• Traumatic memories
  • Perceived criticism or rejection
  • Fears of abandonment
  • Feeling of inadequacy

Environmental Stressors

Environmental stressors play a significant role in triggering splitting episodes. These stressors are typically related to childhood experiences. Early experiences in unstable or invalidating family environments may contribute to unhealthy coping mechanisms and emotional dysregulation. Moreover, experiences of neglect, abuse or trauma can have a profound impact on emotional stability and future relationship dynamics.

Ongoing interpersonal conflicts, whether in personal or professional settings, can be a source of stress and trigger splitting behaviours. Changes in friendship or family dynamics, as well as significant life events like financial strain or transitions, may also increase stress and trigger splitting episodes. The impact of environmental stressors is profound. Seeking a professional who can help process and understand past feelings or experiences can significantly improve well-being.

Environmental stressors include:

  • Childhood experiences of trauma, neglect or abuse
  • Early experiences of unstable family dynamics
  • Interpersonal conflicts
  • Change in friendship or family dynamics
  • Significant life transitions
man holding his head being comforted by support worker

Effects of Splitting Episodes

BPD splitting can profoundly affect various aspects of a person’s life. These episodes can disrupt emotional stability, interpersonal relationships, and overall well-being. Understanding the impact of splitting episodes is crucial for providing comprehensive and humanised support.

Emotional Turmoil and Distress

People living with borderline personality disorder often experience significant emotional turmoil and distress. Intense emotions, such as anger, sadness, or even euphoria, can be extremely overwhelming and difficult to manage. Mood swings can exacerbate confusion, anxiety and helplessness, contributing to feelings of emotional instability. To subconsciously protect themselves, people with BPD engage in splitting behaviour. This behaviour acts as a defense mechanism, allowing the person to cope with complex feelings by categorising people or situations as all good or all bad. Splitting behaviours may provide temporary relief but ultimately contribute to a cycle of chronic stress and exhaustion, highlighting the need for professional support and person-centred approaches.

Interpersonal Conflicts and Relationship Difficulties

BPD splitting can have a significant impact on interpersonal relationships, often leading to misunderstandings and conflict. The rapid alternation between idealisation and devaluation can cause significant emotional distress, creating a cycle of highs and lows. During phases of idealisation, people with BPD may view their friends, family or partners as perfect, fostering closeness and possible codependence. However, during splitting episodes, the same person may be seen as flawed, leading to feelings of anger or hurt. The instability in relationships can lead to a breakdown in communication, frequent arguments and intense negative feelings.

It’s important for loved ones to remember that splitting behavior is a defense mechanism and part of a wider mental health condition. Seeking the support of a mental health professional can aid people with BPD and their loved ones in finding healthy coping strategies and maintaining connections.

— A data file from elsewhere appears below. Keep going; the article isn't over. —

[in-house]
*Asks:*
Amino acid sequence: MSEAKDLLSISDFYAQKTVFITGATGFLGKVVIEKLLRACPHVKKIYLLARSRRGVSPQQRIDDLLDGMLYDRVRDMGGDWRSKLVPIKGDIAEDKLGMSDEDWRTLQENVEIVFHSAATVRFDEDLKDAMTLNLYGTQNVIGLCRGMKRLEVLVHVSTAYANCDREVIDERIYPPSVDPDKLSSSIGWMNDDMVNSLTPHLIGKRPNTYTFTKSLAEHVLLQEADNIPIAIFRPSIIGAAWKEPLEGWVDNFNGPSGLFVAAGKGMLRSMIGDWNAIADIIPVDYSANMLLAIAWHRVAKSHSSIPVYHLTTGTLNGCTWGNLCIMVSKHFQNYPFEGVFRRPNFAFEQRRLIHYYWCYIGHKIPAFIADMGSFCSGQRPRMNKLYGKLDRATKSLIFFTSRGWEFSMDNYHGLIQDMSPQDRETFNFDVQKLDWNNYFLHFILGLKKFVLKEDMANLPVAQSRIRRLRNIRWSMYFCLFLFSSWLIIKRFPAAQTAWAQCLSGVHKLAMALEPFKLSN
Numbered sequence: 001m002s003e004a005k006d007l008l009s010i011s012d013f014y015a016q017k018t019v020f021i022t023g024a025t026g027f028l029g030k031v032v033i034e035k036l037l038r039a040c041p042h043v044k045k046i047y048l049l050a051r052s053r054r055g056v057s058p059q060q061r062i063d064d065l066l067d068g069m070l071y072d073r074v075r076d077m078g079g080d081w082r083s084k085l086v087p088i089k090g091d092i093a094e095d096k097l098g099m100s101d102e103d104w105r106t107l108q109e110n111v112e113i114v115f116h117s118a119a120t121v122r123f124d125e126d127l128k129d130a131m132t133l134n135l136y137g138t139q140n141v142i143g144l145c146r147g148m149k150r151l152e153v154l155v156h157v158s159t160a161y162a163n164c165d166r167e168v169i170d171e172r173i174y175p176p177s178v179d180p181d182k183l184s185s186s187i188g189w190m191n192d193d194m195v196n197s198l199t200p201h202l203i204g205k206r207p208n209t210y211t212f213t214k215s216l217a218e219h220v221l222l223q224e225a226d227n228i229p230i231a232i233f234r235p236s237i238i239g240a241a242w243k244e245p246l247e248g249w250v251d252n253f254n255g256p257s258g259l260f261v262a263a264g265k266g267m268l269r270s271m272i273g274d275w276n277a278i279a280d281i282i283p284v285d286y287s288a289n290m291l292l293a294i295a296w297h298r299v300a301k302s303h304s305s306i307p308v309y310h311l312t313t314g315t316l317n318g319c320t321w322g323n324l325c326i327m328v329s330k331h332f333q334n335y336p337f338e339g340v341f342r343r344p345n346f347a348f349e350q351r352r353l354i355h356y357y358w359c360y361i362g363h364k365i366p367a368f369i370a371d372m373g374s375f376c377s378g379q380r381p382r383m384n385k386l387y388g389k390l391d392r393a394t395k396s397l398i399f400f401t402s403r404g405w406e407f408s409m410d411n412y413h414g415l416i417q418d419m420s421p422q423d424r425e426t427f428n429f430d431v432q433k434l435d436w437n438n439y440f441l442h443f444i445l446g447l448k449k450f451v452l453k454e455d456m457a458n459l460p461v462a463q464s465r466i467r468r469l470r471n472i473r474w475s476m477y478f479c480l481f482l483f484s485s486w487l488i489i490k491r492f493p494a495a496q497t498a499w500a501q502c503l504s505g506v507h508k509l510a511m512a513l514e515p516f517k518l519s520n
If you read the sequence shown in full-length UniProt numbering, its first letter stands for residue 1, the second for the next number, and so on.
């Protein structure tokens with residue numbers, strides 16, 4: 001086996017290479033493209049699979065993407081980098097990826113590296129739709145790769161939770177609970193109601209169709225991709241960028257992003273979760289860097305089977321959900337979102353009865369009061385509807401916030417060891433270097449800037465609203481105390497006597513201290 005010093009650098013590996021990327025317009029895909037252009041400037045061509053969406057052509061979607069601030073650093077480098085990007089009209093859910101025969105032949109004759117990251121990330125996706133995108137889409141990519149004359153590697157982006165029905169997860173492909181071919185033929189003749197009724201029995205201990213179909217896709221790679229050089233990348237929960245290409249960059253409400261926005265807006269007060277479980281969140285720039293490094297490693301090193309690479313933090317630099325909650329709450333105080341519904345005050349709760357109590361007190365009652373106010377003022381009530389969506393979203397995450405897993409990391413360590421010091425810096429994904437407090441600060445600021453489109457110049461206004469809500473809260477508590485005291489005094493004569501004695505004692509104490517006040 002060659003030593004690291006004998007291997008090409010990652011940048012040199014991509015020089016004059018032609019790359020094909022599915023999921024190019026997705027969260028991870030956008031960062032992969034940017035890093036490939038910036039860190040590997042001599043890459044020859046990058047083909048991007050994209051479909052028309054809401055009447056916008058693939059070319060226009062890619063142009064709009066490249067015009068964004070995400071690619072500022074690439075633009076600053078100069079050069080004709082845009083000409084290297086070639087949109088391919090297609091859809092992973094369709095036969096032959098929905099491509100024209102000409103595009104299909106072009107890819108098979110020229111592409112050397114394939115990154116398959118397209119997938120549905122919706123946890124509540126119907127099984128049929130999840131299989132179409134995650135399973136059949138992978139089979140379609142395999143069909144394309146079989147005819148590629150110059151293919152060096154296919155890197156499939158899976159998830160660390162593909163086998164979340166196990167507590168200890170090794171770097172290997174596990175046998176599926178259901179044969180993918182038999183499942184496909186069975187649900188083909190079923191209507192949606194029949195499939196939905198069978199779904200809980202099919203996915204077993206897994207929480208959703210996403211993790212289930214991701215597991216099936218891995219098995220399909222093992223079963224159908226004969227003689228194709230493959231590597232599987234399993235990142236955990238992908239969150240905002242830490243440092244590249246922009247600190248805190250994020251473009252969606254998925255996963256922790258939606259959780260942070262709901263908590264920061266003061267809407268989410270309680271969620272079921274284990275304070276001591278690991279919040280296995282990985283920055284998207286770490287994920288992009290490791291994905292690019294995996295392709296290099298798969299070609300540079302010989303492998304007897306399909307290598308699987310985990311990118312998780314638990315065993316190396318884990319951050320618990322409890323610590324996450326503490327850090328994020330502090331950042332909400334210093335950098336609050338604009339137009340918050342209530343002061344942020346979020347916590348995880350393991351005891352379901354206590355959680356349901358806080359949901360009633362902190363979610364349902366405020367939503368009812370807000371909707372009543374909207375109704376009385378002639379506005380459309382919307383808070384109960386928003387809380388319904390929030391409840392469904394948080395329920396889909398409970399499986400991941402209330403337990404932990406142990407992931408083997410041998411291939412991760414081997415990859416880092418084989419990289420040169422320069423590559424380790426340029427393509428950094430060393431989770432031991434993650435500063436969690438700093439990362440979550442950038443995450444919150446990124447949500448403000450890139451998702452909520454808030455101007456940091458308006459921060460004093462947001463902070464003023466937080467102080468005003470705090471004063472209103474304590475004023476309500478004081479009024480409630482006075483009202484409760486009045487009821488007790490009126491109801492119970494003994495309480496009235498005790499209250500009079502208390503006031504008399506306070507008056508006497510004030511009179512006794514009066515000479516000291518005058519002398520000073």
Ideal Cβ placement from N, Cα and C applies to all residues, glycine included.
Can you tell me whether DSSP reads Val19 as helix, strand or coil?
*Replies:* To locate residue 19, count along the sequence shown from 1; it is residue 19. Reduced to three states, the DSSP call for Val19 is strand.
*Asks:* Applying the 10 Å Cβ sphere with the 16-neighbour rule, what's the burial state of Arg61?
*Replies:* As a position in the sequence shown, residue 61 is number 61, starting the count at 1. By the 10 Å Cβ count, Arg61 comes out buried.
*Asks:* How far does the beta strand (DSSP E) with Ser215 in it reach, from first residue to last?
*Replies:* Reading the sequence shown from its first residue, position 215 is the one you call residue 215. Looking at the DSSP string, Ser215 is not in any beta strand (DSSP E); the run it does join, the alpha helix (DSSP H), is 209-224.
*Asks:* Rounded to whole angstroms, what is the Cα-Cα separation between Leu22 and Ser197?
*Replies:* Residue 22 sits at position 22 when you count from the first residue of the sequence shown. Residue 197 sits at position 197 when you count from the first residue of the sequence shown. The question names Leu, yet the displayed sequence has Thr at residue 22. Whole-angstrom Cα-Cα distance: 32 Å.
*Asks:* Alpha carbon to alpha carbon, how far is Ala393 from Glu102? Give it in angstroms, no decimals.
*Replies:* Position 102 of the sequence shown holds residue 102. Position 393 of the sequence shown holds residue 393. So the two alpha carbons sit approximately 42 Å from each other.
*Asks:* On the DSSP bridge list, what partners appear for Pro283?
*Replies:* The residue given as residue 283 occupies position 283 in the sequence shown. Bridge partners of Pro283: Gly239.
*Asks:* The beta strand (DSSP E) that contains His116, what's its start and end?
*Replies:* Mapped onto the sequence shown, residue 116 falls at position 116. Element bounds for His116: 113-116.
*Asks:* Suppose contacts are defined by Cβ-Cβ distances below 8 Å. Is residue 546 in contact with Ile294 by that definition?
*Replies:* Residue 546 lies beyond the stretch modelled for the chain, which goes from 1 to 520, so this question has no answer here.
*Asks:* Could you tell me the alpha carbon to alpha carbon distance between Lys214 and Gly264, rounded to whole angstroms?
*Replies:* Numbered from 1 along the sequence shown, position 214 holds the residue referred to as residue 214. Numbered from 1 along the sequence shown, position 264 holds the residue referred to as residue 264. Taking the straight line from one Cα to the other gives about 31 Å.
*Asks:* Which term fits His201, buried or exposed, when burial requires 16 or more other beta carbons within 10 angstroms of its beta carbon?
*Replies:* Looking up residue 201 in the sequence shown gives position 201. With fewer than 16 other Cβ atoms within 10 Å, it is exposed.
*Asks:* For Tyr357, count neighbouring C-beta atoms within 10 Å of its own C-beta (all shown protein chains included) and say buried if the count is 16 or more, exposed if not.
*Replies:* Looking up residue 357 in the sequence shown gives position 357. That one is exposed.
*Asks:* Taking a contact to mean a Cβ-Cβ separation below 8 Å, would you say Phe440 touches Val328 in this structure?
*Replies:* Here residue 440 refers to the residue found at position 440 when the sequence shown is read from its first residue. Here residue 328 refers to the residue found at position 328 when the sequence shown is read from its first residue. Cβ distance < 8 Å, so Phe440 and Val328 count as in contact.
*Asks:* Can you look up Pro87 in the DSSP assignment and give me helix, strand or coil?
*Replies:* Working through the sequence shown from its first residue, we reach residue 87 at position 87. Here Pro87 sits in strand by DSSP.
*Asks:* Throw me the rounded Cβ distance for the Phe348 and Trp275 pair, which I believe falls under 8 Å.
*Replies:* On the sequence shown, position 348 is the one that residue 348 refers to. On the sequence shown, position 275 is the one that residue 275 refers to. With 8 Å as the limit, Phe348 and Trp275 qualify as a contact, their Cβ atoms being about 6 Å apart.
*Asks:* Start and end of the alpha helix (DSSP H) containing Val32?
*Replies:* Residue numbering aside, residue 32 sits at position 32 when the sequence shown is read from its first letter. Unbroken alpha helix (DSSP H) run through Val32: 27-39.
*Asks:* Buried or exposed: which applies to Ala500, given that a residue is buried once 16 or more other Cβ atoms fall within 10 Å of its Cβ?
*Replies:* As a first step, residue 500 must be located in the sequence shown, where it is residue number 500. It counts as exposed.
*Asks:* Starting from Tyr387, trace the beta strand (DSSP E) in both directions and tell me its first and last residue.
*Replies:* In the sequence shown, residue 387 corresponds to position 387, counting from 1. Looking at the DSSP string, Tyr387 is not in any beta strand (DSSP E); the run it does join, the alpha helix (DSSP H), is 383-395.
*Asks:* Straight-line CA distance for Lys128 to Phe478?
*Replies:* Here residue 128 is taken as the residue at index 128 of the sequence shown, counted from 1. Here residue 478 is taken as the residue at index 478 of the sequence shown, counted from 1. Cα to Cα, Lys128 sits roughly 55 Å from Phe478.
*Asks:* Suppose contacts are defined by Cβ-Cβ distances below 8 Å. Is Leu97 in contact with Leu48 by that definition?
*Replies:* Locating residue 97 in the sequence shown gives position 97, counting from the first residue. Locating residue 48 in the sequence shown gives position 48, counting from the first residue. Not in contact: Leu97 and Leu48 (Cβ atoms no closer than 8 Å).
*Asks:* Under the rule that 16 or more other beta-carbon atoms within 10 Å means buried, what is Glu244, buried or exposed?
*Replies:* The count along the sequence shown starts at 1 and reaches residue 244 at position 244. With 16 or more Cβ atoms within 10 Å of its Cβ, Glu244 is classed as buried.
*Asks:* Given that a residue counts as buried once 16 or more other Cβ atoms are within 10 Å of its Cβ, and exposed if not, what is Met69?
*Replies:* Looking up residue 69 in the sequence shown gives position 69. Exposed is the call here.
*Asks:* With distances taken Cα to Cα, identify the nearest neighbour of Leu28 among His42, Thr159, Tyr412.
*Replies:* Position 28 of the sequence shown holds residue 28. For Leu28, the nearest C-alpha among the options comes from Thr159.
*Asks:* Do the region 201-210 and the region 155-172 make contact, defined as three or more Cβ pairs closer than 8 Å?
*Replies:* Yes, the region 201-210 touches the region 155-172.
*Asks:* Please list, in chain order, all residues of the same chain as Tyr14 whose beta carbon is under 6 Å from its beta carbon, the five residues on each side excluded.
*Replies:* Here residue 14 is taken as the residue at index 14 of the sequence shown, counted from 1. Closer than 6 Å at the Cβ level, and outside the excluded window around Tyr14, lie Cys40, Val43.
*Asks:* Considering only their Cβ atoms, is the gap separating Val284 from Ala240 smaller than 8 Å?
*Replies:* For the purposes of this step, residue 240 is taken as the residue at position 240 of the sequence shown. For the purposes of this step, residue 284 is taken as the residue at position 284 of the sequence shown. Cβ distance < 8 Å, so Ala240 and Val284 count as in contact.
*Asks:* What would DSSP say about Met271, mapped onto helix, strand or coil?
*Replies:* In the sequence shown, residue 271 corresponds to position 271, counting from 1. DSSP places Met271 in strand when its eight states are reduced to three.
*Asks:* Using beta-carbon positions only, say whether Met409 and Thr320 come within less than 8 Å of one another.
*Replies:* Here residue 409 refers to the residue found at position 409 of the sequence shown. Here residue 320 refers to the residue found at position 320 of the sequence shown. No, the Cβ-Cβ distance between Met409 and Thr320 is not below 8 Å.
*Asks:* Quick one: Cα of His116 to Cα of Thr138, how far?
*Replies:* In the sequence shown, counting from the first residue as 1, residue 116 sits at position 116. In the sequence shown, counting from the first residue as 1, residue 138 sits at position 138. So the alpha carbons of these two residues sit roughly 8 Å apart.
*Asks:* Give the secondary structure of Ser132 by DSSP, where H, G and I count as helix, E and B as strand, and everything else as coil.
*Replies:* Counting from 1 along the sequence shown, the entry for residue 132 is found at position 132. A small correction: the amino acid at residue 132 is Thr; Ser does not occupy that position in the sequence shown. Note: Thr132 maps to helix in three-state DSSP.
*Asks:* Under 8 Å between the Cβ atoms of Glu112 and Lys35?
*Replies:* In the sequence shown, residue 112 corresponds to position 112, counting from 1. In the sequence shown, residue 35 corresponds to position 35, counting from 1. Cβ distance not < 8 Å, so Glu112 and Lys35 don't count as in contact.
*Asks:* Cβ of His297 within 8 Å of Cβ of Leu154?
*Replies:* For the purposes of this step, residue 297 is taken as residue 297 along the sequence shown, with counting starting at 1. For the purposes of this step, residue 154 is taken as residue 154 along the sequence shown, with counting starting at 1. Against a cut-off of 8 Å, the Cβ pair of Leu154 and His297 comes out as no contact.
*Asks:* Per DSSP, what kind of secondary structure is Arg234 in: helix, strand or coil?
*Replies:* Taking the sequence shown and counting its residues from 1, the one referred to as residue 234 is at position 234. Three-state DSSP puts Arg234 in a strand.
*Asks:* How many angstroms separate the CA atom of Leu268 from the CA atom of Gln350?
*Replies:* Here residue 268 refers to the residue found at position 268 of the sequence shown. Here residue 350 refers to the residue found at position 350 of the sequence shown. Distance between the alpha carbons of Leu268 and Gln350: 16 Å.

Impact on Daily Functioning and Quality of Life

Without effective support and humanised care, borderline personality disorder can have a profound impact on daily functioning and quality of life. BPD splitting may cause significant emotional instability, impacting a person’s relationships, work-life and sense of self. It can be incredibly isolating, with people experiencing a range of emotions, from intense anger to intense fear. Moreover, during a splitting episode, people may engage in impulsive behaviour, not fully understanding how their actions impact themselves or their loved ones. Depending on individual circumstances, a person with BPD may also experience depressive episodes, increased anxiety, and social withdrawal.

Living with BPD can be exhausting, leading to misunderstanding and feelings of loneliness. However, with the right support system and emotion regulation techniques, people can learn effective ways to manage BPD symptoms, protecting their quality of life and well-being.

Managing Splitting Episodes

Managing BPD splitting episodes requires a compassionate and humanised approach that honours individual experiences and emotions. Building a robust network of friends, family, or support groups can provide invaluable emotional validation and understanding during difficult times. A strong support system helps reduce feelings of loneliness and fosters greater well-being, helping bring joy into people’s lives. Moreover, engaging in activities that provide relaxation, like hobbies or spending time in nature, can also help people regain emotional stability. Incorporating mindfulness and meditative practices, such as deep breathing, helps to relax the nervous system and reduce anxiety.

Professional Mental Health Support

Mental health experts understand the complexities of BPD splitting and recognise that personality disorders can affect all aspects of a person’s life. One of the most effective methods of support is called dialectical behavior therapy (DBT). It offers a safe space for people to explore their emotions and develop strategies for managing intense feelings. DBT teaches valuable skills such as emotional regulation, distress tolerance, and interpersonal effectiveness, which can reduce the frequency and severity of splitting episodes. With that said, there is a range of options for people with BPD, including mentalisation-based therapy (MBT), psychotherapy, and even medications. A mental health care professional will help people with BPD work out what is best for them, creating a care plan that meets their needs.

Mental Health Support with Unique Community Services

Unique Community Services provides proactive and compassionate mental health support in the comfort of people’s own homes. Through our person-centred approaches, we help people with borderline personality disorder improve their well-being and live a fulfilled life.

We believe the people we serve deserve an active role in their support and recovery process. That’s why we take a collaborative approach to personalised care plans, ensuring people’s voices are heard and their preferences are met. Moreover, our in-house therapy teams help people maintain independence and community engagement, consisting of Positive Behaviour Support (PBS) Practitioners, Occupational Therapists, and Speech and Language Therapists.

Our offices are located in Bristol, Manchester and Leeds.

To learn more about our humanised services, contact us today.